Jodie Whittaker – the first female Doctor Who – has said she will be “filled with a lot of grief” when she hands over the role to the show’s next star.
The actor has played the Time Lord since 2017 and in July announced she will be leaving the BBC sci-fi drama following the upcoming series and three specials next year.
Speaking during an online Q&A, Whittaker, 39, shared her emotions over her departure, as showrunner Chris Chibnall is due to be replaced too.
She said: “This Doctor is Chris’ Doctor so for me it is right, but if everyone comes up to you forever going, ‘I’m a Doctor Who fan’ then that is an absolute joy because it has been such a pleasure. But it is also letting go of it.
It will be very… I feel like I will be filled with a lot of grief for it because I kind of… Even thinking about it, it makes me upset. But this show needs new energy.”
Whittaker remembers crying during her final days on set, saying: “You know what I’m like – I’m a crier. I had to do my final [backstage interview] today. We haven’t finished filming so I can avoid the thoughts a bit more.
“But obviously with the behind-the-scenes stuff, it was in that slightly concluding way and, ‘Can you tell us how you feel about the crew?’ and then I just lost it.
I was just crying my eyes out, absolutely gone. I always knew this is the best time I will ever have on a job. I have felt like that from the start of it.”
While some jobs are harder to leave than others, if you’ve worked somewhere for a significant period of time, it’s totally normal to feel a sense of loss and even grief when it’s the right time to move on.
Dr Paul McLaren, consultant psychiatrist at Priory explains: “Grief is the price we pay for loving someone, or investing our feelings heavily in a job or a business. It’s part of the deal. If you gain from being heavily invested in something, then you grieve when that is taken away.”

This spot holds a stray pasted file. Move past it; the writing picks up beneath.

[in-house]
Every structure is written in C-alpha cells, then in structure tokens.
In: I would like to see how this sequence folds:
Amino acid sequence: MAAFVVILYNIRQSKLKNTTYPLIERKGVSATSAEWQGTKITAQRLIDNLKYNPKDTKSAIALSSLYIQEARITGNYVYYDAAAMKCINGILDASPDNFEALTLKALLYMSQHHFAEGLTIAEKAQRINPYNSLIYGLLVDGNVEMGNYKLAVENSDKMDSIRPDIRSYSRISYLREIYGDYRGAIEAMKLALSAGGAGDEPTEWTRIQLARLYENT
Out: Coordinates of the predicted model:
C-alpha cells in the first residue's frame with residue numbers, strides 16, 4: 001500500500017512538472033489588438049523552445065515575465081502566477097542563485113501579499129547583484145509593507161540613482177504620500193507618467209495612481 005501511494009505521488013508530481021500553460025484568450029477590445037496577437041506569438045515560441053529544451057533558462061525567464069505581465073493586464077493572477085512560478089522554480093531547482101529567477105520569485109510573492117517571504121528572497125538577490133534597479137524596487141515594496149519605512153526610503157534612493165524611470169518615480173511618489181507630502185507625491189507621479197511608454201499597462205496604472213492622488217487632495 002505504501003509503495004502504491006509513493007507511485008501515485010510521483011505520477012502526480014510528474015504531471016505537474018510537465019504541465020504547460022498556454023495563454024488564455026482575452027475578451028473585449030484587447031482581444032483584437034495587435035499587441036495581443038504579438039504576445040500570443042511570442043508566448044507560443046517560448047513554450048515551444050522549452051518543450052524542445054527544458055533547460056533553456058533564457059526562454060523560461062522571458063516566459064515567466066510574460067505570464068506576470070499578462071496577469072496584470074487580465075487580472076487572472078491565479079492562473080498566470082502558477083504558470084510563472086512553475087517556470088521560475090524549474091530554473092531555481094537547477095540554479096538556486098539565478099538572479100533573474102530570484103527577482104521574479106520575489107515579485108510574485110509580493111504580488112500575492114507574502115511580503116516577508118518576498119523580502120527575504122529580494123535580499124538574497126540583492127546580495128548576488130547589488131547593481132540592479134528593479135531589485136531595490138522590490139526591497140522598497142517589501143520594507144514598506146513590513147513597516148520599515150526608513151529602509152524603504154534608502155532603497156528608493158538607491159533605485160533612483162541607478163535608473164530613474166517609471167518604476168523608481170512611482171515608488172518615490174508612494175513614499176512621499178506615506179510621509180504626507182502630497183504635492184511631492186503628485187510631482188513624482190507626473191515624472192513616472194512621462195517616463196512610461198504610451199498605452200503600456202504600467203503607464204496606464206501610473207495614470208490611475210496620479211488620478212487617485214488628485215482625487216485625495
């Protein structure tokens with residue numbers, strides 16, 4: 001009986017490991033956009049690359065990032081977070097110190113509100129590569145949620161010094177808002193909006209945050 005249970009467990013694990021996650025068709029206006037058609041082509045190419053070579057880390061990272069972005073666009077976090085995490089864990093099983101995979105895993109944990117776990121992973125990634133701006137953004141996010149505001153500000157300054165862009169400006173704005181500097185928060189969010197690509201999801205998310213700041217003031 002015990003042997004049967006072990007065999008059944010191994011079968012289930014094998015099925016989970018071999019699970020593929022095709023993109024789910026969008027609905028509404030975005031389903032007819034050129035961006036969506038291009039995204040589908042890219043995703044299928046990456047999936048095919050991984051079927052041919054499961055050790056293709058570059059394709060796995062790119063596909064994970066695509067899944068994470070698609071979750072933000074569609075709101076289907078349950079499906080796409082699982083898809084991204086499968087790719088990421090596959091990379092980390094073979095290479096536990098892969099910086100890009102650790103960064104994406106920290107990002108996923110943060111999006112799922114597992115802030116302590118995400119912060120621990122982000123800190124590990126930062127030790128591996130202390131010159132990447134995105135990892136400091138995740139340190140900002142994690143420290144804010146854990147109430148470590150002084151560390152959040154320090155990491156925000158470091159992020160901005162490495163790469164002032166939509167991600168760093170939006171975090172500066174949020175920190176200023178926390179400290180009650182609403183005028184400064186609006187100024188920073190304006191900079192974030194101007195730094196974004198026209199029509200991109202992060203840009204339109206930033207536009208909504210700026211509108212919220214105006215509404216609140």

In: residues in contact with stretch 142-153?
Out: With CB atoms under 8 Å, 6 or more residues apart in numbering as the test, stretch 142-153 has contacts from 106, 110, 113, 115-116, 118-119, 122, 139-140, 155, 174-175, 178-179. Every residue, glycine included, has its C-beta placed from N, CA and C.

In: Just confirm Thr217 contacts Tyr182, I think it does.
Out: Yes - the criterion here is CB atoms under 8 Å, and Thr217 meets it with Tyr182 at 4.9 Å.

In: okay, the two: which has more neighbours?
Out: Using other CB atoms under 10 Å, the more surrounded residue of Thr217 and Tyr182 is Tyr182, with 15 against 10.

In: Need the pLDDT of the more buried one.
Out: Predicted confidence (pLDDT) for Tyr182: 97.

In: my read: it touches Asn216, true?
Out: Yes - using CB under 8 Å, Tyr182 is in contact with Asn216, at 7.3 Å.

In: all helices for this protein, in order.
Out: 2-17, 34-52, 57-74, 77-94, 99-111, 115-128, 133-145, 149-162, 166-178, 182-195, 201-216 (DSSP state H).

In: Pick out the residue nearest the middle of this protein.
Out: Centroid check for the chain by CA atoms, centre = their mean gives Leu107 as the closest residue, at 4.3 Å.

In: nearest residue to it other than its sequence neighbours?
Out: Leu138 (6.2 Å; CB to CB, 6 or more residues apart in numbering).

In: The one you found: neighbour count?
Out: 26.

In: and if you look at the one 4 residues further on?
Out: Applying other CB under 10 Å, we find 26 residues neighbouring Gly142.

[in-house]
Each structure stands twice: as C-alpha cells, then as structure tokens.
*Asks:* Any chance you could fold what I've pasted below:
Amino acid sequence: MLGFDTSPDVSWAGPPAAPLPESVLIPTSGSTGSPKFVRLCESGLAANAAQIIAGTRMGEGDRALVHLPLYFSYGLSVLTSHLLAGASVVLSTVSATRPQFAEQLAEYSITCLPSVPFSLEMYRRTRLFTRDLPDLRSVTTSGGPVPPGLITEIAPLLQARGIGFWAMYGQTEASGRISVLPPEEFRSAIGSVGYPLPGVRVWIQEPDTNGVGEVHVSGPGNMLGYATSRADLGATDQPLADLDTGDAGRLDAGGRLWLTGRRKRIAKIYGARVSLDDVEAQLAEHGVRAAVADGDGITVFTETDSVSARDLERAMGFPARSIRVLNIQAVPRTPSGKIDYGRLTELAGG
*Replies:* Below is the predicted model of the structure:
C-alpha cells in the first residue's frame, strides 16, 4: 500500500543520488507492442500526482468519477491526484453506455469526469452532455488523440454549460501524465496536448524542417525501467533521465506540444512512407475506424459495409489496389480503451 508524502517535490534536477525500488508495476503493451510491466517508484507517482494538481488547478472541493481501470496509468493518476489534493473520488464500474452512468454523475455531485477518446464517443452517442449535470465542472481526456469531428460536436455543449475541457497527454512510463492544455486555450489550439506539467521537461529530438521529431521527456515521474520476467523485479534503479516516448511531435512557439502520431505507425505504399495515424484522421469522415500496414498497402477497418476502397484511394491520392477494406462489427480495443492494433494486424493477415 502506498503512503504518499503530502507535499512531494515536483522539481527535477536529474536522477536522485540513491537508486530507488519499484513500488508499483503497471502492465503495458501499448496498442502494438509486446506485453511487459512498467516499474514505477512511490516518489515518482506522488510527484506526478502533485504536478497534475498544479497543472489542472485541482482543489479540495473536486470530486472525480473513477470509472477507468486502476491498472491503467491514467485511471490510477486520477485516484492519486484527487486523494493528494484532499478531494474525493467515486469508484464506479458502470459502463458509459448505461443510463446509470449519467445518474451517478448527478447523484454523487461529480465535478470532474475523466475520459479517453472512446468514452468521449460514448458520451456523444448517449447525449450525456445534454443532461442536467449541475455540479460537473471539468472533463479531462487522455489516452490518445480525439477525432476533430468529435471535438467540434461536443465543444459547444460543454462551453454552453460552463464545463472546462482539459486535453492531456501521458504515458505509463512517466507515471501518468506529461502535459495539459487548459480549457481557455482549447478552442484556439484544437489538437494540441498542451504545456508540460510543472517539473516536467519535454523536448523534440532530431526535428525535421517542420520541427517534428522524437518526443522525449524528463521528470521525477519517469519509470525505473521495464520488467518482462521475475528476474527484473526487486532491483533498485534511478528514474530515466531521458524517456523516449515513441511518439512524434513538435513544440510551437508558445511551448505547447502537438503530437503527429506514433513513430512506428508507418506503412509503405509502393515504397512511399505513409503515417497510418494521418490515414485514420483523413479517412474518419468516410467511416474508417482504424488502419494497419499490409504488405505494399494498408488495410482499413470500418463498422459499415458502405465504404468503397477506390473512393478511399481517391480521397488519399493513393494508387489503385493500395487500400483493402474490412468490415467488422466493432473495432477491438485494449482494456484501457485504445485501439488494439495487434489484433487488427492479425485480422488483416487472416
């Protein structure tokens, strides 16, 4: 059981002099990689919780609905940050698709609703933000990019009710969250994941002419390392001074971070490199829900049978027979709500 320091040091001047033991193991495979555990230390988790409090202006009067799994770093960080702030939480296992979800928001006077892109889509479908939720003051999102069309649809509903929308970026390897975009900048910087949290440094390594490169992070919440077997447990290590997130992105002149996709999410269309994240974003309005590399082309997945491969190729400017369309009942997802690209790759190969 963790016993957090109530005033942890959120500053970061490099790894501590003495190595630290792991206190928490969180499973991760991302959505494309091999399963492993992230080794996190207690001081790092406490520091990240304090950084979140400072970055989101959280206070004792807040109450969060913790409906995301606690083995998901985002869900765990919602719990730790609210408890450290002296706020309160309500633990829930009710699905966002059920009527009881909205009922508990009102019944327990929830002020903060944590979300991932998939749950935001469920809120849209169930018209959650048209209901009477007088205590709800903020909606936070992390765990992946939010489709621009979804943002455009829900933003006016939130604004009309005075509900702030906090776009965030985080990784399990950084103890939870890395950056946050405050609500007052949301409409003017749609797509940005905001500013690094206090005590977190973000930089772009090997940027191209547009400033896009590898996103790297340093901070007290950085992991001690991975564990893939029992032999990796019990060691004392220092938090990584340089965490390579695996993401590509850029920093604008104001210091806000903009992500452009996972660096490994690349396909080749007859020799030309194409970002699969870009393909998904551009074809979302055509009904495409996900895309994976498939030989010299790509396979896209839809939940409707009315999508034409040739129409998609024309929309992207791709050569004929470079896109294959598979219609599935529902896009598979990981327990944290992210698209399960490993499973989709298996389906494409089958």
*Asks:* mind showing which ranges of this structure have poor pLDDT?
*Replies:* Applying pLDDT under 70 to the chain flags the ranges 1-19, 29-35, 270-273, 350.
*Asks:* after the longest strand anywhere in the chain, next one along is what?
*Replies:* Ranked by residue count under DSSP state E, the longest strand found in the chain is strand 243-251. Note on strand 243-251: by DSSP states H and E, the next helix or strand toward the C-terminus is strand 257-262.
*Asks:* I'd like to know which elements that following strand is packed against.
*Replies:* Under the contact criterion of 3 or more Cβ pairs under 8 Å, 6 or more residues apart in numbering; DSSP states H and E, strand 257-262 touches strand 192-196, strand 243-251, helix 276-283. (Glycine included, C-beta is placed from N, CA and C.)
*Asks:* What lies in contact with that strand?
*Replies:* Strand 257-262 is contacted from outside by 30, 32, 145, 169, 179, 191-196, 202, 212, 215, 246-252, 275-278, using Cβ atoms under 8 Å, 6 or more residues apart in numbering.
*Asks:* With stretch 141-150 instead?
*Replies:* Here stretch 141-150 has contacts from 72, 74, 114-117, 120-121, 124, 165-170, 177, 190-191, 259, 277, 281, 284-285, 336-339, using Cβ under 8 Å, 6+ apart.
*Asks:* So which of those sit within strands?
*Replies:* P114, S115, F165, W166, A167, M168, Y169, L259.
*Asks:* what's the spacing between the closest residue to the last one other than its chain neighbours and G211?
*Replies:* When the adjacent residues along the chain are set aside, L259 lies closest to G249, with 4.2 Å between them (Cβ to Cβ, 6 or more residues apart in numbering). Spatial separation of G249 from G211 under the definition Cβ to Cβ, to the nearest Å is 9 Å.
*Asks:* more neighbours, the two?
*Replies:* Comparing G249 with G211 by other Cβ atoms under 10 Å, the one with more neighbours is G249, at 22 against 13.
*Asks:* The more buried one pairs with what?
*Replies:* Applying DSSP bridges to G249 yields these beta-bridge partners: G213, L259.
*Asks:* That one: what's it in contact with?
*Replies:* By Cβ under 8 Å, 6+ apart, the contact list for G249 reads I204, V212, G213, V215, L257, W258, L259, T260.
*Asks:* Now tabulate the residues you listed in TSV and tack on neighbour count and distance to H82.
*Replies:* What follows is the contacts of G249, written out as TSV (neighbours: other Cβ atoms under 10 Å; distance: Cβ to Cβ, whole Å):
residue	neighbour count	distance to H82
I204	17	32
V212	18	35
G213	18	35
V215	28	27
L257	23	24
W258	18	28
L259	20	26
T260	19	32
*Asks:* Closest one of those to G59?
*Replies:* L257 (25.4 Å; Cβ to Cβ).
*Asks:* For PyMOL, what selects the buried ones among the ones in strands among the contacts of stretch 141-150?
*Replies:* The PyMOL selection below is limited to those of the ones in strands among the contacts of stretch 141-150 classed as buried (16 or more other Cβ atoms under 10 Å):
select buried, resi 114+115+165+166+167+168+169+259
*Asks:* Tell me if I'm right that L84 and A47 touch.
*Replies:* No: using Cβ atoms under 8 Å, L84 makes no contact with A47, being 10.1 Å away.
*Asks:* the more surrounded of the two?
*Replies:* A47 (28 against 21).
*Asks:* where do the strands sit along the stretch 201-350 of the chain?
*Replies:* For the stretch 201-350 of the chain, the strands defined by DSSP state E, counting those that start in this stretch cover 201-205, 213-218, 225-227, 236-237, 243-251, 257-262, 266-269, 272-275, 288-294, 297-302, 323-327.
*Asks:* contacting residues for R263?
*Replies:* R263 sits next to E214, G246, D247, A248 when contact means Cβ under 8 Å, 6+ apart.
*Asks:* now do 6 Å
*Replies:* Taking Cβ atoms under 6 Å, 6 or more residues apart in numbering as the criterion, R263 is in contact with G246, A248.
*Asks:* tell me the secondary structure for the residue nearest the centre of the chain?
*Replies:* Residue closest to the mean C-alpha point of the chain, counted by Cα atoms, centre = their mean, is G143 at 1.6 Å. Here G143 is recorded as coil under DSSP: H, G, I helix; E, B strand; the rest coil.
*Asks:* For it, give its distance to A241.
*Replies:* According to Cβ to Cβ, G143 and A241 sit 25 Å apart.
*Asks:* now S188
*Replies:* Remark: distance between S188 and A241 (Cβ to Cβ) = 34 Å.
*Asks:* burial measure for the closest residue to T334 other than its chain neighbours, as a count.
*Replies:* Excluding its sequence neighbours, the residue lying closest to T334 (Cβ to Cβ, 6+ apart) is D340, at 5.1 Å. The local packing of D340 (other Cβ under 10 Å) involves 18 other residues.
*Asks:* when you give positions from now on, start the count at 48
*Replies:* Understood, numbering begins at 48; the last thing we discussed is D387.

We can’t let a fear we’ll feel grief or miss parts (or all) of a job stop us from taking risks and taking on new challenges, though.
Grief, McLaren says, is just the “natural process of psychological adjustment to the loss of a significant part of our lives”.
But while it might be sad to leave work or colleagues, you love behind, making changes and continuing to grow, rather than staying stagnant, is important – most likely for your career and certainly for yourself.
“Change can sometimes leave us feeling overwhelmed or out of control,” says Dr Elena Touroni, consultant psychologist and co-founder of The Chelsea Psychology Clinic. “But it’s important to remember that this can happen even when that change is a positive one. It’s simply the body’s way of protecting us from the ‘unknown’.
The key is to recognise this and move through it anyway.”
Priory psychotherapist, Pamela Roberts, agrees: “Uncertainty is a difficult thing for human beings to navigate. We often want absolute certainty.” But “living to your own true values sometimes means embracing change.”
Anyway, change can be very good for us, she says. “Change can mean we rethink habits, routines, thought processes, actions, even our diets. It can mean personal growth and regeneration.”
This reappraisal can be hugely beneficial, she explains. “We can ditch what really wasn’t working – even if we thought it was – and replace it. We can move in new circles of people and learn new skills and become more motivated.”
It’s natural to feel fearful that what you move onto might not be quite right either, but that may only make you more resilient.
“If what we have chosen doesn’t work out, we might be less fearful about more change – because we have already cut the ties,” Roberts says.
Essentially, it’s about feeling comfortable in not knowing what the future might hold.
“Change is the only constant,” muses Touroni. “For this reason, we need to find peace with it. When we’re open to change, we more easily move with the flow of life.”
When we “make decisions and see how they benefit us in the long-term, it builds inner confidence too,” she says.
The new series of Doctor Who begins on October 31. The first special will air on New Year’s Day 2022, following the second and third in spring and autumn – forming part of the BBC’s centenary celebrations.